Darkside Comics is my local comic shop. I can remember going to comic shops as a teenager and twenty five years later I’m starting to enjoy it again. A lot of that has to do with the owner Holly and the atmosphere she’s given to her business. It would be easy to say that as a woman she is bound to have more female customer than some of the creepy blokes that ran comic stores when I was a kid but that would be doing her a great disservice. Darkside is inclusive. Not as some lip service publicity seeking make a quick buck gimmick. Holly has a unique way of not just bringing all her customers together through comics but to enthuse people who wouldn’t necessarily ever visit a comic shop to want to visit. Whether is is through her women’s nights, pride tables or the cool Beast Boy stickers she puts of the comics for younger readers there is a genuine feeling of being part of a community just by walking in. For somebody like me that is awkward around people that is impressive, but when you consider my wife has now bought Squirrel Girl from there and my 9yr old has comics on order and loves having a look around. My eldest was an avid reader when he was nine so it has been hard for us to deal with a child who enjoys reading less. It is great to see him eager to read things and talk about the story afterwards.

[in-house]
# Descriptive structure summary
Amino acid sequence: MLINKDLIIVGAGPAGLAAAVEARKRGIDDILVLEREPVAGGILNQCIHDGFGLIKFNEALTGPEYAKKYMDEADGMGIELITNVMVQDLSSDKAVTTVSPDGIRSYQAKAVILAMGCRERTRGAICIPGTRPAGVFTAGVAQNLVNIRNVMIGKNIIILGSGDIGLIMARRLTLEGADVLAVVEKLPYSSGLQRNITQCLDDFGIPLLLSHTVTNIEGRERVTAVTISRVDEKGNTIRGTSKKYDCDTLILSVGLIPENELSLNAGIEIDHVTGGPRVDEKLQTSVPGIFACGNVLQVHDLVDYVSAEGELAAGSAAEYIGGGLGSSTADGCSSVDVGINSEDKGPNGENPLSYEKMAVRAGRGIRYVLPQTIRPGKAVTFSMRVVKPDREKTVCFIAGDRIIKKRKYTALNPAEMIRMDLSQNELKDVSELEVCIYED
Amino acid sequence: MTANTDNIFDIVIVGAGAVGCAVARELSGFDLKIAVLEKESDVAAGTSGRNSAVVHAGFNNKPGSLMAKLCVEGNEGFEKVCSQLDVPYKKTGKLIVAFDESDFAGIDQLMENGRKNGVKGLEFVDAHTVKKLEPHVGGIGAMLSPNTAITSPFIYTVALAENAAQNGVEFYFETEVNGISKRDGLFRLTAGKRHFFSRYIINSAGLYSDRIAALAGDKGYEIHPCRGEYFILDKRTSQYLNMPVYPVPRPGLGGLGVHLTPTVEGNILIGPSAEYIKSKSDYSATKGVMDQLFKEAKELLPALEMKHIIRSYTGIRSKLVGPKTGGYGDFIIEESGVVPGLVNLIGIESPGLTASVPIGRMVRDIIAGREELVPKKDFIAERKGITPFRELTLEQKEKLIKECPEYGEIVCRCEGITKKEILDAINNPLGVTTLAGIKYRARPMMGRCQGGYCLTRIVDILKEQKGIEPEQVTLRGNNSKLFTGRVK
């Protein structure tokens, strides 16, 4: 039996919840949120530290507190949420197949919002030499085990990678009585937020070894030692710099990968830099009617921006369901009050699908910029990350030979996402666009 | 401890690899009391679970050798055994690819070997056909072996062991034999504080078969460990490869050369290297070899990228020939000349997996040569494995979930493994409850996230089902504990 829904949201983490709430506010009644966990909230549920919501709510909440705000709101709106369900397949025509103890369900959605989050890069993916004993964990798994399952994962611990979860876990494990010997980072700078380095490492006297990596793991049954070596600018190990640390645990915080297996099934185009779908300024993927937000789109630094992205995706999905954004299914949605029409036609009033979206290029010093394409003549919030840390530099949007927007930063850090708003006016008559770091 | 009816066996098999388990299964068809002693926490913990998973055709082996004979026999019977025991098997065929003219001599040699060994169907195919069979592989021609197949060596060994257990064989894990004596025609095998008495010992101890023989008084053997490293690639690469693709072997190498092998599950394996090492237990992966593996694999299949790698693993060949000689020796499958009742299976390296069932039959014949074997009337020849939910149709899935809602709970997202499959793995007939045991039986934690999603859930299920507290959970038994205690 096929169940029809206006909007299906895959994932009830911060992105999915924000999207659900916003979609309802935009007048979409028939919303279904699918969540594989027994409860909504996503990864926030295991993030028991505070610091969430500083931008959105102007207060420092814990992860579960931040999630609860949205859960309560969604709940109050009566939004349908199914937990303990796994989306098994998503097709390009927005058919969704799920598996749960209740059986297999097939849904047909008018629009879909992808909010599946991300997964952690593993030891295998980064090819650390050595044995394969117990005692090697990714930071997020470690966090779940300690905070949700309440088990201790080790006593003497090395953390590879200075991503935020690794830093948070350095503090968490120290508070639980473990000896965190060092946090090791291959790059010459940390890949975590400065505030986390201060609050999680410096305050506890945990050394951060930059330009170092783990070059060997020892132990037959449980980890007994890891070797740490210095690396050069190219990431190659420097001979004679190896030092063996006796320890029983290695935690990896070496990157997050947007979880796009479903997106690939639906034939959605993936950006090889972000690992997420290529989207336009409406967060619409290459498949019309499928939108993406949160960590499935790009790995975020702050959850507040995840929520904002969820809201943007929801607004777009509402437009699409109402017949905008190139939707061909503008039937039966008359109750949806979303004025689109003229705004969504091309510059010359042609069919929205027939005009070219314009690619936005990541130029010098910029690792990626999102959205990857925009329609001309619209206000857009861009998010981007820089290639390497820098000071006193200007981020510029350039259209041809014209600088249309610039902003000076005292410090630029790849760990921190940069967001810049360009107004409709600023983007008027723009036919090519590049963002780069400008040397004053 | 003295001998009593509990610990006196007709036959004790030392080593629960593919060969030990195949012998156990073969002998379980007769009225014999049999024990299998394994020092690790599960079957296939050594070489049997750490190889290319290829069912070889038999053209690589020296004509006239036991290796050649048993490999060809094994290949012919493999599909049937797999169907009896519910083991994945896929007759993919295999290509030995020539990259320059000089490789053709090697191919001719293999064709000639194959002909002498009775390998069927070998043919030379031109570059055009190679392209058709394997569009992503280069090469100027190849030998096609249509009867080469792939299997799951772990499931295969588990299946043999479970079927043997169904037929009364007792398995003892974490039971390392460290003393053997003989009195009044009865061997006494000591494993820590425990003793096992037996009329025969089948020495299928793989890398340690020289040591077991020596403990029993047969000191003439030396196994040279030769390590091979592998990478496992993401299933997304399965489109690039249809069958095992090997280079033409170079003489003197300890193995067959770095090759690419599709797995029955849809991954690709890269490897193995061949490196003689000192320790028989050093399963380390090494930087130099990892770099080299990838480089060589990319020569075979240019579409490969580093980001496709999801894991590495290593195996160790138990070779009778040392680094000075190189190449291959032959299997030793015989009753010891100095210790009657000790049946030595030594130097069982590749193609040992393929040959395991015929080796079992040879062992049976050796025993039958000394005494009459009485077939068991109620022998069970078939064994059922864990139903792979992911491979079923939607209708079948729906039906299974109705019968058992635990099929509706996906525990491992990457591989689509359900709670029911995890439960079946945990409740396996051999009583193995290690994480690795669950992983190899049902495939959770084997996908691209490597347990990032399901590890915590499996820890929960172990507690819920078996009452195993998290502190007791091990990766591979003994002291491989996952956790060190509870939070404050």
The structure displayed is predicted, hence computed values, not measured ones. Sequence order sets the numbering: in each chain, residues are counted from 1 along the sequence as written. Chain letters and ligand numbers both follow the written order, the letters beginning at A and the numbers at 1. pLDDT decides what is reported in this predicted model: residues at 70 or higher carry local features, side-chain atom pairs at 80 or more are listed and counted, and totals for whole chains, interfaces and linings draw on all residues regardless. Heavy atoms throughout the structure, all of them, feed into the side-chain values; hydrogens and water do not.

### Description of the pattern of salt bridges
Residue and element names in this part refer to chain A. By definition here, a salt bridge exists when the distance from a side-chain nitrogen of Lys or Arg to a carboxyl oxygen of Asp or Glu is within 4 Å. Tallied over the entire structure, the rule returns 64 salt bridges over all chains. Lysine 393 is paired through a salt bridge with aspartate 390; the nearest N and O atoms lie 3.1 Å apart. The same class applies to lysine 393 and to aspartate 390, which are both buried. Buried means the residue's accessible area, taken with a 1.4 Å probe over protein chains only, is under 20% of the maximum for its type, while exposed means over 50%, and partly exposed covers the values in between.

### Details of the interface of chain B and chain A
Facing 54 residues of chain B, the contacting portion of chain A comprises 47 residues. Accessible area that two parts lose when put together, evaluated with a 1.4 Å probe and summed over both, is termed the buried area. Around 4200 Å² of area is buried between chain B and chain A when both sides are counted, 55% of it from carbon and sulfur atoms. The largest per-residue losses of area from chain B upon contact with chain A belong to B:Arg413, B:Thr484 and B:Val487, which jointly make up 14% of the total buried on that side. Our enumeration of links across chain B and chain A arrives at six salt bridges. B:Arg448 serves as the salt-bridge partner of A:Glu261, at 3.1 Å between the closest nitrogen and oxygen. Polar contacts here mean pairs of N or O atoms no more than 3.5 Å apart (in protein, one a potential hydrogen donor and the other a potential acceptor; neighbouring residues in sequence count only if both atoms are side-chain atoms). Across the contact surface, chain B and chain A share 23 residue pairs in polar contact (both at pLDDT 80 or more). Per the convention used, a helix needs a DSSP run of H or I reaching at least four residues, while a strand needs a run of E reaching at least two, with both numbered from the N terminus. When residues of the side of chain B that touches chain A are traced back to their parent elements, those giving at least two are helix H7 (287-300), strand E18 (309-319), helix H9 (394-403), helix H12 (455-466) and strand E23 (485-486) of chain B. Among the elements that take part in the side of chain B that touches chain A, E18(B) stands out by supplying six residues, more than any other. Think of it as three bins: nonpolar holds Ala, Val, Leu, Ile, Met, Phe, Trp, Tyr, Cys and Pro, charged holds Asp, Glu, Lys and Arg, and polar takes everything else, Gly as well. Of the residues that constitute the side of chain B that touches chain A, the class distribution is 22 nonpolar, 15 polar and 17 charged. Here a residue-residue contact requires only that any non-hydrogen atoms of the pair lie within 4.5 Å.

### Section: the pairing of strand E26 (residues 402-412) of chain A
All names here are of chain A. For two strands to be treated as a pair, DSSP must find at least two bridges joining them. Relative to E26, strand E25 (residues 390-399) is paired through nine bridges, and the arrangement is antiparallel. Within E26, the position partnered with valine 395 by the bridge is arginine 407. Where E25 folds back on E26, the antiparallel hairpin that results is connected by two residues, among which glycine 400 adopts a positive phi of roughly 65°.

Is Darkside the cheapest? No. We could get most things slightly cheaper elsewhere but we don’t just pay for the comics. Holly understands a LOT better than silly Amazon algorithms what our tastes are. For example my boy is probably going to give Lumberjanes a go and I’m not sure that would be at all likely without Holly explaining to him what it is about. Is Darkside unique? I doubt it. I also know that whilst the bigger stores like Forbidden Planet are also great with how they treat people it doesn’t have the same personal feel every time you walk in. If you are ever anywhere near Chelmsford it is only about a minute from the train and bus stations and well worth your time.
This book follows on from The Race. The story started pretty much directly after the first part but it was different. Whenever I’ve read anything buy De La Haye I’ve always felt it was South African. In this story though it felt like as the main protagonist changes and moves away from her roots so the writing changes. I found it fascinating to feel the voice change as the character does. It was only a slight shift but it really added something to the story.